Body dysmorphism is something that many people suffer from, and it can lead to low self-esteem and eating disorders. A study published in Brain and Behavior tries to understand the differences in cognitive function between people who struggle with body dysmorphism and people who do not struggle with body dysmorphism.
Beauty standards are sold to us from all sides, from the internet to social media to movies to magazines. When you live in this society, it is easy to worry or be insecure about your physical appearance. An obsessive preoccupation with this can be described as a body dysmorphic disorder.
Body dysmorphism has been associated with eating disorders and obsessive-compulsive disorder. It is usually seen from adolescence and can lead to negative outcomes for people who struggle with it. There is a gap in research documenting the relationship between body dysmorphism and cognitive functioning that this study seeks to bridge.
Researcher Soran Rajabi and colleagues used 500 male and female students in high schools in Iran. After screening for body dysmorphism, 52 students were assigned to the body dysmorphic group and 52 gender-equal students were assigned to the healthy control group. Body dysmorphism was assessed based on a questionnaire and the DSM-5 materials. Participants completed measurements of body dysmorphism and several cognitive and executive function tests, including the Stroop Color and Word Test, Wisconsin Map Sorting Test, Tower of London Test, and the Trace Making Test.
The results showed that mood disorders showed the highest co-morbidities with body dysmorphism, followed by anxiety, OCD and then eating disorders. Women showed higher rates of body dysmorphism than men. Men were likely concerned about their skin, hair, and nose, while women were concerned about their skin, nose, and belly.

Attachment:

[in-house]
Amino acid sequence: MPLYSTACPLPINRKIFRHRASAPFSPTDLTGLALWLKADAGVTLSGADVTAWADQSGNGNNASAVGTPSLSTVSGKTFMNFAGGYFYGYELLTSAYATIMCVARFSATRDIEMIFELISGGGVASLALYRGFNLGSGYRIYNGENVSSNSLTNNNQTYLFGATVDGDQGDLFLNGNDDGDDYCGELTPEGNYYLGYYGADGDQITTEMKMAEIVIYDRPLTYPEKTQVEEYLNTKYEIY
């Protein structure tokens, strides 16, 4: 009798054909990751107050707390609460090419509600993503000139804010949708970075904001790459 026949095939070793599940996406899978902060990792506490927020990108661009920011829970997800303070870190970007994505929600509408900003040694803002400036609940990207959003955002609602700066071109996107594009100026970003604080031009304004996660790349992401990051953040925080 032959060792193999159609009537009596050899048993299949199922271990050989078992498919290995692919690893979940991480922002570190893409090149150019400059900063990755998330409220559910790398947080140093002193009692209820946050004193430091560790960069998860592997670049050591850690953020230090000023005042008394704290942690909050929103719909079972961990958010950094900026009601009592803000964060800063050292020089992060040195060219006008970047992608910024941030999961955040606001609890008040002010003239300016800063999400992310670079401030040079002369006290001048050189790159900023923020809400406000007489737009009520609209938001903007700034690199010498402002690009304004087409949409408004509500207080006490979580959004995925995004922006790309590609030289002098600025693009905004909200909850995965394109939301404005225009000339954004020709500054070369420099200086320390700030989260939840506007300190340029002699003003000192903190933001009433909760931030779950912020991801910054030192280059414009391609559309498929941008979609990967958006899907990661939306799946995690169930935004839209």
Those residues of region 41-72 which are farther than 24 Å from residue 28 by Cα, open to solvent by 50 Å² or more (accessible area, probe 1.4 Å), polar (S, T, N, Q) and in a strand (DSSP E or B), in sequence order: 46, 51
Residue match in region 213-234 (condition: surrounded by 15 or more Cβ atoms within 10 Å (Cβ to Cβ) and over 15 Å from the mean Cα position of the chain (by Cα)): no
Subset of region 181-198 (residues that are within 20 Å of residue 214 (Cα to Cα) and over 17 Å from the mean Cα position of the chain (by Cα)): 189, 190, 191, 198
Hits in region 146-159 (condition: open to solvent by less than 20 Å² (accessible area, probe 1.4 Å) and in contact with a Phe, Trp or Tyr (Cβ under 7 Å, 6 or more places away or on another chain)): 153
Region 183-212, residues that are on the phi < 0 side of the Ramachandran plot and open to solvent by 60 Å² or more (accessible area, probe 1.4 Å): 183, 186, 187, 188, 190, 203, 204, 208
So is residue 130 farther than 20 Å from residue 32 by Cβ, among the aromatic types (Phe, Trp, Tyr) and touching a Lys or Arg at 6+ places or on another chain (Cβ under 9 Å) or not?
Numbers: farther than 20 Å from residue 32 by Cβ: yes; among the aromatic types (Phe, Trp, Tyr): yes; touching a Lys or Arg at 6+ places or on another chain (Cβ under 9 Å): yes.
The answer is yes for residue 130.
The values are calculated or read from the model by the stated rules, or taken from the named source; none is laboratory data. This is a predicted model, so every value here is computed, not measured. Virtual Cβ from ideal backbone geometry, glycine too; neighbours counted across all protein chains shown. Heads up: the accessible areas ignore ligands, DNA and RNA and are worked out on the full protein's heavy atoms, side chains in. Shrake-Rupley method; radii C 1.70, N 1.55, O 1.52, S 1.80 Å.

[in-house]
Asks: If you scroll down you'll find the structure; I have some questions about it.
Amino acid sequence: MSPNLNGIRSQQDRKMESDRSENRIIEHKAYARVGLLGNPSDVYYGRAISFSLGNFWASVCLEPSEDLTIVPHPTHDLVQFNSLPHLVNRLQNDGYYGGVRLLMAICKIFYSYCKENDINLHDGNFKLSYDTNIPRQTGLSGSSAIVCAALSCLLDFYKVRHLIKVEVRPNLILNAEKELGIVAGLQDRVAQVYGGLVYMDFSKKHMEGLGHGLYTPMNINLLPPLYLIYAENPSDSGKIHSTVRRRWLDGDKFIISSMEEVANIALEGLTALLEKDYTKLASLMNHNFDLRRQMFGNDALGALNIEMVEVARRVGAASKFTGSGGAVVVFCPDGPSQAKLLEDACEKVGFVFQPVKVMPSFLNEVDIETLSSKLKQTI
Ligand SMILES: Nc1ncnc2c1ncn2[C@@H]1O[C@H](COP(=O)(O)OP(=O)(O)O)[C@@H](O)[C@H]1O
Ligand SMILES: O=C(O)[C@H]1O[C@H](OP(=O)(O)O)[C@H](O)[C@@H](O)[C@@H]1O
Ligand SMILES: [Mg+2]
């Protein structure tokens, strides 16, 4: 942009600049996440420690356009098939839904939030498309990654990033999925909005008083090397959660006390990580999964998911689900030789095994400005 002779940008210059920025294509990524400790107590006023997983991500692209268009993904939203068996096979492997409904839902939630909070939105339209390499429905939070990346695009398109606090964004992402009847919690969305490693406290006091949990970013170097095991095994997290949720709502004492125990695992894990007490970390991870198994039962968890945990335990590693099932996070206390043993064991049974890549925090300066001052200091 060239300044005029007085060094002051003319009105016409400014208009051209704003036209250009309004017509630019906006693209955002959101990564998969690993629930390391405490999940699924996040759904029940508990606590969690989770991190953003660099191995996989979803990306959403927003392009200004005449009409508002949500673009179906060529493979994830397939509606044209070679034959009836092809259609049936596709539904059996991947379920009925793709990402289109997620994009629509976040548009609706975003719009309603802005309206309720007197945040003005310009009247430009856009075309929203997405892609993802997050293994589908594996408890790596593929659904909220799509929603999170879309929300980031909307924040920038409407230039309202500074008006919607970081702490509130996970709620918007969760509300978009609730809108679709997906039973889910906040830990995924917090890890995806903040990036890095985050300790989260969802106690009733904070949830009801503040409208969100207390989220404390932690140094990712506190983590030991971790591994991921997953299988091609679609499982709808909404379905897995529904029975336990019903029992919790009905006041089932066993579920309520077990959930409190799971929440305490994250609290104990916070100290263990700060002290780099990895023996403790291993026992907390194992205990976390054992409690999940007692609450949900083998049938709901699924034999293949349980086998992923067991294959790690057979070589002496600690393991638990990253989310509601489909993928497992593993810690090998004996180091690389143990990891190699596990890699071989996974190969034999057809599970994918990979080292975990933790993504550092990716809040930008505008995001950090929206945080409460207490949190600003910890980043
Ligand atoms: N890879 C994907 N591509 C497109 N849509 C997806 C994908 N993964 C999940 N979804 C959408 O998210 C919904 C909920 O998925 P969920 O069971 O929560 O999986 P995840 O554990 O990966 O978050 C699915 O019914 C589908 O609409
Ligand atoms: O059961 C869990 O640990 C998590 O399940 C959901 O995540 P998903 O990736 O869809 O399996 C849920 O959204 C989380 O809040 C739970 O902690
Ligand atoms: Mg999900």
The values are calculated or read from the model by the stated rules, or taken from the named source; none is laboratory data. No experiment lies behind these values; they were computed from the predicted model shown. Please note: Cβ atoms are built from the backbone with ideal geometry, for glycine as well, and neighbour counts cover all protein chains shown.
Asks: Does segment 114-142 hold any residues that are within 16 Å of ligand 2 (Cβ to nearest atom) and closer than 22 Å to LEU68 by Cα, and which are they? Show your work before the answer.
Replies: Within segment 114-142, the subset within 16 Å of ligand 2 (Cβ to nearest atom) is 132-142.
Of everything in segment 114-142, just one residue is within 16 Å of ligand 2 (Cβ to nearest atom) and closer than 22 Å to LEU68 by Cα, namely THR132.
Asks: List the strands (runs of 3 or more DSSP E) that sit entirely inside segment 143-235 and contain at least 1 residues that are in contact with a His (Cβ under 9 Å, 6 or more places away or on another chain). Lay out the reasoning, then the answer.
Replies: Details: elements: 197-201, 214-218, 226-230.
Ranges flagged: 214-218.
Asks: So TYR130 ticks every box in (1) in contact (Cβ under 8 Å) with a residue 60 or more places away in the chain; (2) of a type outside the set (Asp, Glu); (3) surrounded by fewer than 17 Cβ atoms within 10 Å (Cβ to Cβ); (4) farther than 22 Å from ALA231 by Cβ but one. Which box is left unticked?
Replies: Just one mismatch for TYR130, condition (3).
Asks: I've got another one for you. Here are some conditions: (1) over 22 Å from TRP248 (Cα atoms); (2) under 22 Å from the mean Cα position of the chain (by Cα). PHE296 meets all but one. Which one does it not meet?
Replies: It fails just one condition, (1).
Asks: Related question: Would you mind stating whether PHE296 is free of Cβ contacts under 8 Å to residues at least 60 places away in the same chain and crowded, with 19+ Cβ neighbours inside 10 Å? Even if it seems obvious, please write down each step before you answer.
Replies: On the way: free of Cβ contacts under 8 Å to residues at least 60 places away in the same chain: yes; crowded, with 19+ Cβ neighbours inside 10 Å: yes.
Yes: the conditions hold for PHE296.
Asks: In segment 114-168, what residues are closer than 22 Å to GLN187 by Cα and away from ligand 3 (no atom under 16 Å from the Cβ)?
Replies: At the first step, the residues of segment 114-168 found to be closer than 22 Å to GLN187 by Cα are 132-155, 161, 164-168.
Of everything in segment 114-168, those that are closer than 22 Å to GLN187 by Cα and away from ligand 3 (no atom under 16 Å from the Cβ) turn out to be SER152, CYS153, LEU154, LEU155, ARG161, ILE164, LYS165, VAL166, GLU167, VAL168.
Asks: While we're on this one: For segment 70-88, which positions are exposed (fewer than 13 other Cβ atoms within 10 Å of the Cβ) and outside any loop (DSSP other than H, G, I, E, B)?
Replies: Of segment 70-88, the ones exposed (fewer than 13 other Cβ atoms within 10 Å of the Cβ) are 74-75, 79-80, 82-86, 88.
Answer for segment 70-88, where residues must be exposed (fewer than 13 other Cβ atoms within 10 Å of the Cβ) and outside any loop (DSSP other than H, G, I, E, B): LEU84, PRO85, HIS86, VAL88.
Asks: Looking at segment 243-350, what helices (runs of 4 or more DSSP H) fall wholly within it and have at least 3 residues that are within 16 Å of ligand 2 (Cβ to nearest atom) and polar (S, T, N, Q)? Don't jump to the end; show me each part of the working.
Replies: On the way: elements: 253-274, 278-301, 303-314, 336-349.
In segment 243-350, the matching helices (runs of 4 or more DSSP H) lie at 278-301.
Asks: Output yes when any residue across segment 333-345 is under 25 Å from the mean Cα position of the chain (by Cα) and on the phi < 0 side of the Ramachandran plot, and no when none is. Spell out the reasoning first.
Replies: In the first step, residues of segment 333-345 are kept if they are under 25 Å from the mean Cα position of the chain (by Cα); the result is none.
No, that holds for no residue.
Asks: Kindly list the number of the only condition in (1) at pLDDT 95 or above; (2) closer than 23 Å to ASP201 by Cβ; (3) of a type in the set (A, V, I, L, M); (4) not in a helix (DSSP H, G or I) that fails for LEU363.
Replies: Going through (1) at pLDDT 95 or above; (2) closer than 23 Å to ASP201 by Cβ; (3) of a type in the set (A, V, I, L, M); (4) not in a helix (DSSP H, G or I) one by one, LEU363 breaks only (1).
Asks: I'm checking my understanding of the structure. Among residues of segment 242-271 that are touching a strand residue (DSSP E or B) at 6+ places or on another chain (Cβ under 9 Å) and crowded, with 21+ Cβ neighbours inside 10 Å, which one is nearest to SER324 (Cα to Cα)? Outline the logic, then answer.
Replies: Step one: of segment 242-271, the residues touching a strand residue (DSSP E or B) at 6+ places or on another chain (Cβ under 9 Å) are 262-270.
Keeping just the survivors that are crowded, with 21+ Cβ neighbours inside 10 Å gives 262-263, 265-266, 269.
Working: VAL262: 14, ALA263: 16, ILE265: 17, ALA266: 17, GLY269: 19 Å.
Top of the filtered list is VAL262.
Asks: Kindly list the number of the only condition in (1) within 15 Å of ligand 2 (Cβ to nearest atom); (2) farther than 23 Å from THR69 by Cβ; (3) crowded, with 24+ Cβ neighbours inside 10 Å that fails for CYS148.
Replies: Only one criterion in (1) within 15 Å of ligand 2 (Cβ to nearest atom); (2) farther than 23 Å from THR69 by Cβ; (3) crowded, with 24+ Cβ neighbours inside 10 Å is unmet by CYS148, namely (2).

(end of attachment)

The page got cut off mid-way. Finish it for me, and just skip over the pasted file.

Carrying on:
The Wisconsin map sorting test, which measures cognitive flexibility, showed worse results for people with body dysmorphism. This is thought to be possibly due to people being obsessive, preoccupied and having trouble focusing on other stimuli. The Stroop test, which tests selective attention, alternating attention, and response control, also showed lower scores for people with OCD.
“A person with BDD cannot let go of their thoughts related to the appearance of the body and refocus on a different stimulus. Disrupted set-shifting in repetitive actions is reflected in the compulsive nature of checking the mirror,” wrote Rajabi and colleagues in their study.
In addition, participants with body dysmorphism in the trace-making test scored significantly lower, implying that they have weaker visuospatial skills. People with body dysmorphism experience distorted perception, which is a large factor in these findings.
“It is believed that people with BDD focus much more on visual details, while lacking overall visual processing,” the researchers said. “Such a tendency is usually observed in the phenomenology of individuals with BDD. For example, when they look in the mirror, their attention is often immediately focused on the perceived flaws, even if they are standing near the mirror but unable to to see the bigger picture of their body shape.”
The study, “Epidemiology of body dysmorphic disorder in adolescents: a study of their cognitive functions”, Soran Rajabi, Leila Kamran, and Mahnaz Joukar KamalAbadi.